The Prodigy, The Academy, Birmingham

Power, pounding beats and brutal diversity bring the fans alive
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The Independent Culture

When this year's Always Outnumbered, Never Outgunned finally emerged, the Prodigy's followers had been parched of product for far too long. Liam Howlett was struggling with a writer's block in quietest Essex. The frightening sidekick characters of Keith Flint and Maxim had been locked out of his bedroom, where much of the album was being shaped under the sheets, shuffled around on Howlett's laptop.

When this year's Always Outnumbered, Never Outgunned finally emerged, the Prodigy's followers had been parched of product for far too long. Liam Howlett was struggling with a writer's block in quietest Essex. The frightening sidekick characters of Keith Flint and Maxim had been locked out of his bedroom, where much of the album was being shaped under the sheets, shuffled around on Howlett's laptop.

Liam had shuttered up his conventional studio, ditching the burden of too many blinking lights, laying shrouds over racks of equipment. The Prodigy was turned into a one-man band. Howlett persistently rejected tracks endlessly re-working them until he was satisfied. One thing he was sure of was the desperate need to kick out any compromise. When he is writing, he always has flashes of the Sex Pistols and Public Enemy, his two great musical pillars.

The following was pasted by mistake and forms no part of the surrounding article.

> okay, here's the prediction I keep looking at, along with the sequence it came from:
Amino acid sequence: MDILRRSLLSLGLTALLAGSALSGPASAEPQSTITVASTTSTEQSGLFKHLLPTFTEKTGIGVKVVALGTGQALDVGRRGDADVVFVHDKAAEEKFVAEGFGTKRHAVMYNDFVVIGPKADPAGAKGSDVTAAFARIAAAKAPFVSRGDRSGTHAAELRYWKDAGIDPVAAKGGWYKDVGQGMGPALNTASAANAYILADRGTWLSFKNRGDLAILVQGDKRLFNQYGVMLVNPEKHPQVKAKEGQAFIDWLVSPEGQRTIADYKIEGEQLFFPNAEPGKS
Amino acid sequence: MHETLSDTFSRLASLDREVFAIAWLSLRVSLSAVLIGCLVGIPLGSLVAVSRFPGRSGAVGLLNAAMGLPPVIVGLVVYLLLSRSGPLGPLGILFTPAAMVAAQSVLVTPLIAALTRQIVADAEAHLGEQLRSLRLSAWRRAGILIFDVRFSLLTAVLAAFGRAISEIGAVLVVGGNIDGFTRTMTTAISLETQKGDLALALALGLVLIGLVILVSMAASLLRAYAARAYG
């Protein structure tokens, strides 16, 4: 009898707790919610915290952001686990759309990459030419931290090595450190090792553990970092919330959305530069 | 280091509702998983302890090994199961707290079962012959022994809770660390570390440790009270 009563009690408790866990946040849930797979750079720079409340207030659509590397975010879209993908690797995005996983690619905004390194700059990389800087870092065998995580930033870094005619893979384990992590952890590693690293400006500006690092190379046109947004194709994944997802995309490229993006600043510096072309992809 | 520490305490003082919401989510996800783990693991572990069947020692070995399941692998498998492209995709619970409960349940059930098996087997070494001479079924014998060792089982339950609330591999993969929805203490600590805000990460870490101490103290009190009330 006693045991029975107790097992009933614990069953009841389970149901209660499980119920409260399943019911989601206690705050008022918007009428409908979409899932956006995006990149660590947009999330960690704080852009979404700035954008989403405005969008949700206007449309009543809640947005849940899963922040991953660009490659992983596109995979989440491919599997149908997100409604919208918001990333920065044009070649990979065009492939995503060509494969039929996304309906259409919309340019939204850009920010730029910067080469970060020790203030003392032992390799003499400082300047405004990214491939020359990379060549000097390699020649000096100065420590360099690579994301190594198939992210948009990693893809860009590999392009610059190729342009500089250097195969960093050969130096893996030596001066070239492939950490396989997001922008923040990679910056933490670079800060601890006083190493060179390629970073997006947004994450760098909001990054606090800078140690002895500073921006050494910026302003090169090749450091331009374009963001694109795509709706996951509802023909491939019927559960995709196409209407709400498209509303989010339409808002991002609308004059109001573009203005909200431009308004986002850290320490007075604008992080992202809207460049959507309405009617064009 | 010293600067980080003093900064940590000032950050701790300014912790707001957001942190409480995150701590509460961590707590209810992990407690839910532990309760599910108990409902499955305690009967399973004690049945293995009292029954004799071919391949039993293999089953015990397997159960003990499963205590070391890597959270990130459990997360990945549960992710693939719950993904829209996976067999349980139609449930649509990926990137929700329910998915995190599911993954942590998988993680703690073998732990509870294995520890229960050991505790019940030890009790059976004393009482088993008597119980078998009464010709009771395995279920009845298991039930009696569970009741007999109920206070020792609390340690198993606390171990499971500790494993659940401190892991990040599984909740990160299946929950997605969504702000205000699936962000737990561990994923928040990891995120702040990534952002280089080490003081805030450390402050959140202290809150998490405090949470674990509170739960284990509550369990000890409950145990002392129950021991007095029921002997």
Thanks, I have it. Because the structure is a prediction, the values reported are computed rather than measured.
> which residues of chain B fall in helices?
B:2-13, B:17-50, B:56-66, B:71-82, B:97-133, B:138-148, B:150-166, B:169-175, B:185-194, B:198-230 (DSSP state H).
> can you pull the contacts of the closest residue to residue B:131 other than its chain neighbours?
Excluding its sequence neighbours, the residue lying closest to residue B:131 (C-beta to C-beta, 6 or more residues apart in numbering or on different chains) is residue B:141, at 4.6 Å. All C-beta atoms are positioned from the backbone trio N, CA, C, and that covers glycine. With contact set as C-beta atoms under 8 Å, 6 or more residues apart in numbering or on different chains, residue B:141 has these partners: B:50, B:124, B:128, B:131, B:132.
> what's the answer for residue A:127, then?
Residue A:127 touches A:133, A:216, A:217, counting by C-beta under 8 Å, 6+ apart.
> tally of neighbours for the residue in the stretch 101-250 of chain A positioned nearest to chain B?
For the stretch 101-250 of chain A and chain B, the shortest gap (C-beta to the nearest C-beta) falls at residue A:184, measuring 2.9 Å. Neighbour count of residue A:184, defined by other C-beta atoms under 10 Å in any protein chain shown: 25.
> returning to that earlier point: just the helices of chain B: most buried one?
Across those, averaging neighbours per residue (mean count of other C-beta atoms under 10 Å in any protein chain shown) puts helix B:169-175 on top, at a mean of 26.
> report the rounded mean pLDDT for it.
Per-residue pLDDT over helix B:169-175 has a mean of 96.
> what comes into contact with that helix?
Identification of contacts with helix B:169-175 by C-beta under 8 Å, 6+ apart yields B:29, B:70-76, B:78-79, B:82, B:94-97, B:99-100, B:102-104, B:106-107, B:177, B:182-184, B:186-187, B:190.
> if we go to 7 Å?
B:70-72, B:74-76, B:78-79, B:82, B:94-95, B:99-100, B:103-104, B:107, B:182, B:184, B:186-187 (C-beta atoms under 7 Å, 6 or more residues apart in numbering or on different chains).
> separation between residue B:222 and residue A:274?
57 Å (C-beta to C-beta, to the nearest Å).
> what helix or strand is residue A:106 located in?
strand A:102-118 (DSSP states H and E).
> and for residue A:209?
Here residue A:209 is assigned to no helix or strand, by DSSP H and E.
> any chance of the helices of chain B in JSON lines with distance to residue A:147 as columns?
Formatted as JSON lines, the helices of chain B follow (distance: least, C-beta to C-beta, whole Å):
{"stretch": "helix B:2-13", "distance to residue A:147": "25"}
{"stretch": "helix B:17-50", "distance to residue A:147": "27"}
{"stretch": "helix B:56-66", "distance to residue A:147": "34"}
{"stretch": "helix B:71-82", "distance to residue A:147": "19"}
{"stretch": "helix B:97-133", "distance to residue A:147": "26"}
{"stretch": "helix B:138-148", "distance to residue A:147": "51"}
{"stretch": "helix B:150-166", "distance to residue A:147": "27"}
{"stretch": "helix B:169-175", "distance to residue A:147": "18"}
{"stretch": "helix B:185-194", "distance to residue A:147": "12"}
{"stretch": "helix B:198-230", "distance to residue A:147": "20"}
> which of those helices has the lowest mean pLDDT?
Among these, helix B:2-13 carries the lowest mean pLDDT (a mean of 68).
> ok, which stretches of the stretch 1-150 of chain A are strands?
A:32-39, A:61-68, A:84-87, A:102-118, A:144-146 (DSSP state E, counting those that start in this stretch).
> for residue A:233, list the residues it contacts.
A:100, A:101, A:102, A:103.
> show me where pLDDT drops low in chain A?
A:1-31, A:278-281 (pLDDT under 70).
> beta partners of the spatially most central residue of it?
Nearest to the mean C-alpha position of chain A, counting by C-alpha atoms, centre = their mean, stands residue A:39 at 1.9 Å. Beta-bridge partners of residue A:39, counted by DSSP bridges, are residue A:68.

The resulting album is hard, but this gig is harder. Keith and Maxim have returned, as they had to, but are they content to have a lessened involvement with the recording process? They seem unfazed, but bounding around and strutting across the stage as though it were still 1997. Maxim has a white painted band across his face, cocking his head like a wary vulture. Keith appears shell-shocked, his vocal contributions minimal compared to Maxim's.

Howlett stands on a big podium, as reserved as ever, attending to his bank of laptops and keyboards. The sonic details of his album are initially obscured by beat thunder an woolly mammoth baselines. The Academy becomes an indoor stadium, as all of its surfaces quake with volume stress.

The old chestnuts are burned up surprisingly quickly. "Breathe'' suffers due to Keith's drowned vocals struggling to rise above the beats. The crowd sing every line in unison. "Firestarter'' is also despatched early on ... It's encouraging some of the new numbers are so strong, moving The Prodigy in different directions. The songs that feature vocal loops by actress Juliette Lewis are particularly effective, although "Spitfire'' and "Hot Ride'' do have to contend with Maxim's overdone MC-shouting.

At least two of the new tunes are revealing an interest in Arabic samples with either heavily-distorted flute or wailing vocal escalations. "The Way It Is'' provides Keith's finest moment, built around a "Thriller'' sample and degenerating into brutal repetition. "Girls'' fires off back to the 1980s, with its electro-Hi-Hop loops and bleeping analogue patterns.

Just before the encore, there's a flagging patch where Maxim tries out some limp audience baiting, rapping against a stripped drumbeat. This turns out to be the intro to "Smack My Bitch Up'', which provides the MCs with full pantomime opportunities. Their dance moves can give only the very slightest of gestures great weight. They might seem like basic movers but they have charm and wit. In 20 years time, The Prodigy could have a future in Blackpool variety entertainment.

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